In another embodiment, the manipulator includes an element that is ferromagnetically coupled to the rigid actuator through an external wall of the insertion section. This avoids passing a mechanical element (such as follower discussed above) through the external wall, thereby allowing the interior of the insertion section to be more completely sealed to reduce the risk of foreign material coming into contact with the electrical and optical components of the device.
In another aspect of the invention, the electronic endoscope is disposable, and the insertion section is sterilized and packaged in a sterile container together with a sterilized conduit that is used to connect the insertion section to a control unit; the conduit carries an optical fiber for transmitting light from the control unit to the insertion section, and an electrical cable for carrying electrical signals from the sensor to the control unit.
The endoscope and integral cable for providing both electrical and illumination requirements to the endoscope has a single connector for connection to a video processor (camera control unit). The endoscope with integral cable is provided in a sterile container so that the endoscope is disposable after use in a surgical procedure.
Other features and advantages of the invention will become apparent from the following detailed description, and from the claims.
FIG. 1 is a cross-sectional side view of a distal region of an endoscope according to the invention.
FIG. 2 is a cross-sectional side view of a proximal rear end portion of the endoscope of FIG. 1.
FIG. 2a is an enlarged view of the region enclosed by 2a--2a of FIG. 2.
FIG. 3 is a diagrammatic view of a lens assembly of the endoscope of FIG. 1.
FIG. 4 is a top view of a main housing of the endoscope of FIG. 2.
FIG. 5 is a side view of a focus sleeve of the endoscope of FIG. 2.
FIG. 6 is a diagrammatic view of the endoscope of FIG. 1 in use.
FIG. 7 is a diagrammatic view of an alternate embodiment of a disposable endoscope.
FIG. 8 is a cross-section of a portion of the disposable endoscope taken along lines 8--8 of FIG. 7.
FIG. 9 is a cross-sectional side view of a distal region of another embodiment of a disposable endoscope.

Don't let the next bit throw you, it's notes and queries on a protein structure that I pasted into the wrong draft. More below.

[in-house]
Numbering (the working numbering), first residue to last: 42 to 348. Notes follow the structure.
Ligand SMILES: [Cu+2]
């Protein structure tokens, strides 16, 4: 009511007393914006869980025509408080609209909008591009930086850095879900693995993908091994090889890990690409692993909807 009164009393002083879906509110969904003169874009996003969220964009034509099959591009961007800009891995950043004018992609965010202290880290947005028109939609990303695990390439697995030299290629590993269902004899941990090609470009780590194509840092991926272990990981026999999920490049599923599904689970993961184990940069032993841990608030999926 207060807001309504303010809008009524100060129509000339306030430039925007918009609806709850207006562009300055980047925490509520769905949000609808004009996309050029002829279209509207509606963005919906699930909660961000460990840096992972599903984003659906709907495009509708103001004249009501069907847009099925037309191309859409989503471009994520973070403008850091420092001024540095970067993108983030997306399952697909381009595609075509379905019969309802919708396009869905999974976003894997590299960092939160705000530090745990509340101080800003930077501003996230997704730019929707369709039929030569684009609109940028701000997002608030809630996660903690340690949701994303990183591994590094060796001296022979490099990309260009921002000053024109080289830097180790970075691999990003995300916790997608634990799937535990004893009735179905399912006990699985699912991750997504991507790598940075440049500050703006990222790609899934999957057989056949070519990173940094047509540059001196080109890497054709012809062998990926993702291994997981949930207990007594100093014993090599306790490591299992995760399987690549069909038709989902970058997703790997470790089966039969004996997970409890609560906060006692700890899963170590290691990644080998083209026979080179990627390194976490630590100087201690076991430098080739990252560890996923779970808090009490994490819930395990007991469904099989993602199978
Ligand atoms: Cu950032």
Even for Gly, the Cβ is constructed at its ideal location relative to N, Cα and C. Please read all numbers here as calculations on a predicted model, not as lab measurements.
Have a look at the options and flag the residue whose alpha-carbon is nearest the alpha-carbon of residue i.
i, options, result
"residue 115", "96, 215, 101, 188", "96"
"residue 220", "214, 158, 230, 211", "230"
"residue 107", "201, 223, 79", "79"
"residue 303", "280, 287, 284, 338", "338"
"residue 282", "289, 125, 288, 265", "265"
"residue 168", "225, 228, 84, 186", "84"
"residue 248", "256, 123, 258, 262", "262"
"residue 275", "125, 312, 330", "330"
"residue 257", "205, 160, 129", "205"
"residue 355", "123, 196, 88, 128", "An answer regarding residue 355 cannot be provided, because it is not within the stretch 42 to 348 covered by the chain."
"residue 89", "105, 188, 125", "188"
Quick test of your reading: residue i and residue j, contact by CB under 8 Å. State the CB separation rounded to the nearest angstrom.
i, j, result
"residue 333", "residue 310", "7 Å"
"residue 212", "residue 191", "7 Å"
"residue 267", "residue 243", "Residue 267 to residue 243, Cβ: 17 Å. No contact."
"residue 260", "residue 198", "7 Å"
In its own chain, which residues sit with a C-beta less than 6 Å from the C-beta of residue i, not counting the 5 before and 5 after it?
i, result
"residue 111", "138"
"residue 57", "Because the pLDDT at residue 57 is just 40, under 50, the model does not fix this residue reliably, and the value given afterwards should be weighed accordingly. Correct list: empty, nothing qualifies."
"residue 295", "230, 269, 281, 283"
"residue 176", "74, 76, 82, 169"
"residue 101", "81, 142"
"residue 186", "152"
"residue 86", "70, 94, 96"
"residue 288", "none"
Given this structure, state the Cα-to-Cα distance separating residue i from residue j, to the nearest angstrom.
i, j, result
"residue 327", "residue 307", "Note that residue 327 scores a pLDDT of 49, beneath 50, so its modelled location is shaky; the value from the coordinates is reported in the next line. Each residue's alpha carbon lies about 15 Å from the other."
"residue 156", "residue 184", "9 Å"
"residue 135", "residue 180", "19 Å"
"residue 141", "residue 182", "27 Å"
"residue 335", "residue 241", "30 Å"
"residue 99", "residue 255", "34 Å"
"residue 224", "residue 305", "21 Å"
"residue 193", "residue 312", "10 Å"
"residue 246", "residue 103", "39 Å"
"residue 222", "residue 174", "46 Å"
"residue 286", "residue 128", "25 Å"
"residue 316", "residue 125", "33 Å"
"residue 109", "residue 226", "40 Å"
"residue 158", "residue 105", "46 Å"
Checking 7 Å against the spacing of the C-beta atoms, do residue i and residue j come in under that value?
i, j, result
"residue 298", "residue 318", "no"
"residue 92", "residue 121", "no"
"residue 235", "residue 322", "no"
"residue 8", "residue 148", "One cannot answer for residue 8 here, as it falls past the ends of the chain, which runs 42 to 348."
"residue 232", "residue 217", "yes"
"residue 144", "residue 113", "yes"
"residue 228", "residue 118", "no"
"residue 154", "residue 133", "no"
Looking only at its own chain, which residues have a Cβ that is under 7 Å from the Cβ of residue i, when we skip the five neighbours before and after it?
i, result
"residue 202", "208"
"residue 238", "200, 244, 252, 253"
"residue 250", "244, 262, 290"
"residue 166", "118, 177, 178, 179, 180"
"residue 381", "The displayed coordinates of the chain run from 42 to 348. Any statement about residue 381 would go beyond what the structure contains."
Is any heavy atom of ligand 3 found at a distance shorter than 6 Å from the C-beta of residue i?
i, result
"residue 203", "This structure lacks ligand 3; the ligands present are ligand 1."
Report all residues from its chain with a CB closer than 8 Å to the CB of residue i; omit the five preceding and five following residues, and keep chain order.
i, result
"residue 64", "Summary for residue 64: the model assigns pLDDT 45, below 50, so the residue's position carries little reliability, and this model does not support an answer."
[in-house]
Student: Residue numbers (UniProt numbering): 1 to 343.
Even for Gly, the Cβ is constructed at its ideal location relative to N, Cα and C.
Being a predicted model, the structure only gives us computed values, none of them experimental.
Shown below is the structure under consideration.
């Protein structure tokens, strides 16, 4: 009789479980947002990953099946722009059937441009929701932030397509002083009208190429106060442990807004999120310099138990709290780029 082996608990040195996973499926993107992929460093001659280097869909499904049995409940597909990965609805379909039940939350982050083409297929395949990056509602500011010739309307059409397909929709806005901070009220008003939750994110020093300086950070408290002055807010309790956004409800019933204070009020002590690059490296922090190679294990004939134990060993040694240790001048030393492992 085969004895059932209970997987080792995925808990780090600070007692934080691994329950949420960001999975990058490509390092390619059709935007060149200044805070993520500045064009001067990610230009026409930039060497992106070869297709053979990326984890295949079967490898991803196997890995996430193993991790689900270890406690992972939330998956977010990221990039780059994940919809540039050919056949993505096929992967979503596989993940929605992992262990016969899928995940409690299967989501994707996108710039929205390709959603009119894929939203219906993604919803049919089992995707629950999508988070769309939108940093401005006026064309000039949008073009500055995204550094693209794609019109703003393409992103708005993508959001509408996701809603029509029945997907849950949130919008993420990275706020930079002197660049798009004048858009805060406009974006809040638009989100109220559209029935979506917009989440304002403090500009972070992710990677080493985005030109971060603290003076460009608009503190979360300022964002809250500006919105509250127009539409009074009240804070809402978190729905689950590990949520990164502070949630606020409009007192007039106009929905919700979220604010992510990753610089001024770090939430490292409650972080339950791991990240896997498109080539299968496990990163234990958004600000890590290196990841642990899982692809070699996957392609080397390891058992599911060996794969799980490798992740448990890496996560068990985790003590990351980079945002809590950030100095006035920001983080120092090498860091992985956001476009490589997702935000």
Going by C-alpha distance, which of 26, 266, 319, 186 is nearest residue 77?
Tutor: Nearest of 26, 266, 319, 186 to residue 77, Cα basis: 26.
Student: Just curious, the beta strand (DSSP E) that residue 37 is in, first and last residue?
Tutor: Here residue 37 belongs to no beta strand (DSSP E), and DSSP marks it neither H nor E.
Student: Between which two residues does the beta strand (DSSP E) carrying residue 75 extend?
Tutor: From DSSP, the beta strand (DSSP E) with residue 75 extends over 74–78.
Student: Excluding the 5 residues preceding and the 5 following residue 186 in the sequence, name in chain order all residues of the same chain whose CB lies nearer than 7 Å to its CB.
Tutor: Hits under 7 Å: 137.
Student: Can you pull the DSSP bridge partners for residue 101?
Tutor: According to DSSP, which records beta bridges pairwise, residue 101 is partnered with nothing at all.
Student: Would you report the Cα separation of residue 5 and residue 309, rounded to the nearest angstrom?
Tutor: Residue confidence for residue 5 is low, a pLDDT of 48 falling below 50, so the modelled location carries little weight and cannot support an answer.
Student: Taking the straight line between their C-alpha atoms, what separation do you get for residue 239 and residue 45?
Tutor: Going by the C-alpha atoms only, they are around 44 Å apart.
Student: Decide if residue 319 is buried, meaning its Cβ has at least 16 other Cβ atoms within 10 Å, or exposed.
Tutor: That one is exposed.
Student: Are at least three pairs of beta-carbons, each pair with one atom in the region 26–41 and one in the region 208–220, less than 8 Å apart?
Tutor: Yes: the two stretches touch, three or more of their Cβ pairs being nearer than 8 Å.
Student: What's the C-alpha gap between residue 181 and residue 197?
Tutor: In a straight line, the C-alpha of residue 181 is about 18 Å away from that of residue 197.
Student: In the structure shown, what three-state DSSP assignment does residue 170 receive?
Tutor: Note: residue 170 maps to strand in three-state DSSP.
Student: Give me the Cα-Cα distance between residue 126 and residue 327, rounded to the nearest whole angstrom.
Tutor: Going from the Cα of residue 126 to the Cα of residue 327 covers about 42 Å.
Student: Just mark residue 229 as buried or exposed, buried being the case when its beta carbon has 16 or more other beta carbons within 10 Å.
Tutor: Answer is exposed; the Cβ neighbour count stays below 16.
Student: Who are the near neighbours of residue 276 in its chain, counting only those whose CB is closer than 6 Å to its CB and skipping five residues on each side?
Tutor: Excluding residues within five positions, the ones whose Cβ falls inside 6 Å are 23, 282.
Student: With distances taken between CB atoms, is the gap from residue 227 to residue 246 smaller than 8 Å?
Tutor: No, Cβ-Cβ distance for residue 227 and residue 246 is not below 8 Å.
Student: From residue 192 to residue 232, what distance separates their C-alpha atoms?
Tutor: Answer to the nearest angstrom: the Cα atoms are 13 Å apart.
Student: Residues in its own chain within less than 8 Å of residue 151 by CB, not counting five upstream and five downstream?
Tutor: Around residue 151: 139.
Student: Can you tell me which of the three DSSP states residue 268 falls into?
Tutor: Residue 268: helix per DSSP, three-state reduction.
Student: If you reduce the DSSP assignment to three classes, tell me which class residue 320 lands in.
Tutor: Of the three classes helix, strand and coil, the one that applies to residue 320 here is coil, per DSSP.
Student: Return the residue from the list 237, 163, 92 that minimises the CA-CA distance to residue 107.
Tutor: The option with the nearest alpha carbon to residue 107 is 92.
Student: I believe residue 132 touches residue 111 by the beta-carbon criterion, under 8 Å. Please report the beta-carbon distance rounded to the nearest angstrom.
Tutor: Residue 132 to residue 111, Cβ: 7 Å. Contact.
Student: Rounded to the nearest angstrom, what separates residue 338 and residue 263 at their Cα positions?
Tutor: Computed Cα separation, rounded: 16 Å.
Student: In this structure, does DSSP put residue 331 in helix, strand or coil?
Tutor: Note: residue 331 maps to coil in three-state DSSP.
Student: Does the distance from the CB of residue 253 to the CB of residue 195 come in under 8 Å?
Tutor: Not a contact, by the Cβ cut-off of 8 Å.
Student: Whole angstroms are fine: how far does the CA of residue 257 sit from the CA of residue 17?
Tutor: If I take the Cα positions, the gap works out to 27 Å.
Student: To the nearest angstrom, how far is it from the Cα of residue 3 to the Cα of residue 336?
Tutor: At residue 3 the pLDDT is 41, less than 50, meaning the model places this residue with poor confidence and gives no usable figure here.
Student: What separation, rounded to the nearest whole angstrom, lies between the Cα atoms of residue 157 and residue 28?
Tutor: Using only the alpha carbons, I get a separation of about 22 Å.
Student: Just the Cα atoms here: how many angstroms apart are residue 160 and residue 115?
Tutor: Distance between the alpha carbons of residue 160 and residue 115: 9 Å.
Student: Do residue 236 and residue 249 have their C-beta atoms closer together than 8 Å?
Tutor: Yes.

FIG. 10 is a cross-sectional side view of a portion of the distal region of another embodiment of a disposable endoscope.
FIG. 11 is a schematic representation of another alternative embodiment of an endoscope according to the invention.
As shown in FIGS. 1 and 2, an electronic endoscope 10 includes an elongated insertion section 12 for insertion into a body cavity or narrow body passage 103 (See FIG. 6) to observe an object therein. Elongated insertion section 12 extends along a longitudinal axis 13 of endoscope 10 from a distal end 14 to a handle 16 at the proximal end 19 of endoscope 10. Handle 16 permits the user to position elongated insertion section 12 of endoscope 10 appropriately and also houses a focus control mechanism 17 for endoscope 10, which is described in detail below. A cable 18 extends from proximal end 19 for connection to a power source and camera control unit 106 (FIG. 6). Images observed at distal end 14 of endoscope 10 are processed by the video processor for viewing on a display unit, such as a color CRT 108.
Elongated insertion section 12 includes an outer tube 20 for housing an objective lens assembly 22, an image transmitting device (which in this embodiment includes an electro-optic module 23, having an electro-optical sensor 24 (e.g. a charge-coupled device (CCD)) for converting optical images of the received light into electrical image signals), and light guiding fiber optic elements 26 for illuminating the area being observed. Outer tube 20 extends from distal end 14 of endoscope 10 to a first end of a main housing 30 at handle 16 where tube 20 is soldered within a counterbore of main housing 30. Outer tube 20, fabricated from anodized aluminum, has a length of about 13 inches, an outer diameter of 0.379 inches and a wall thickness of approximately 0.010 inches.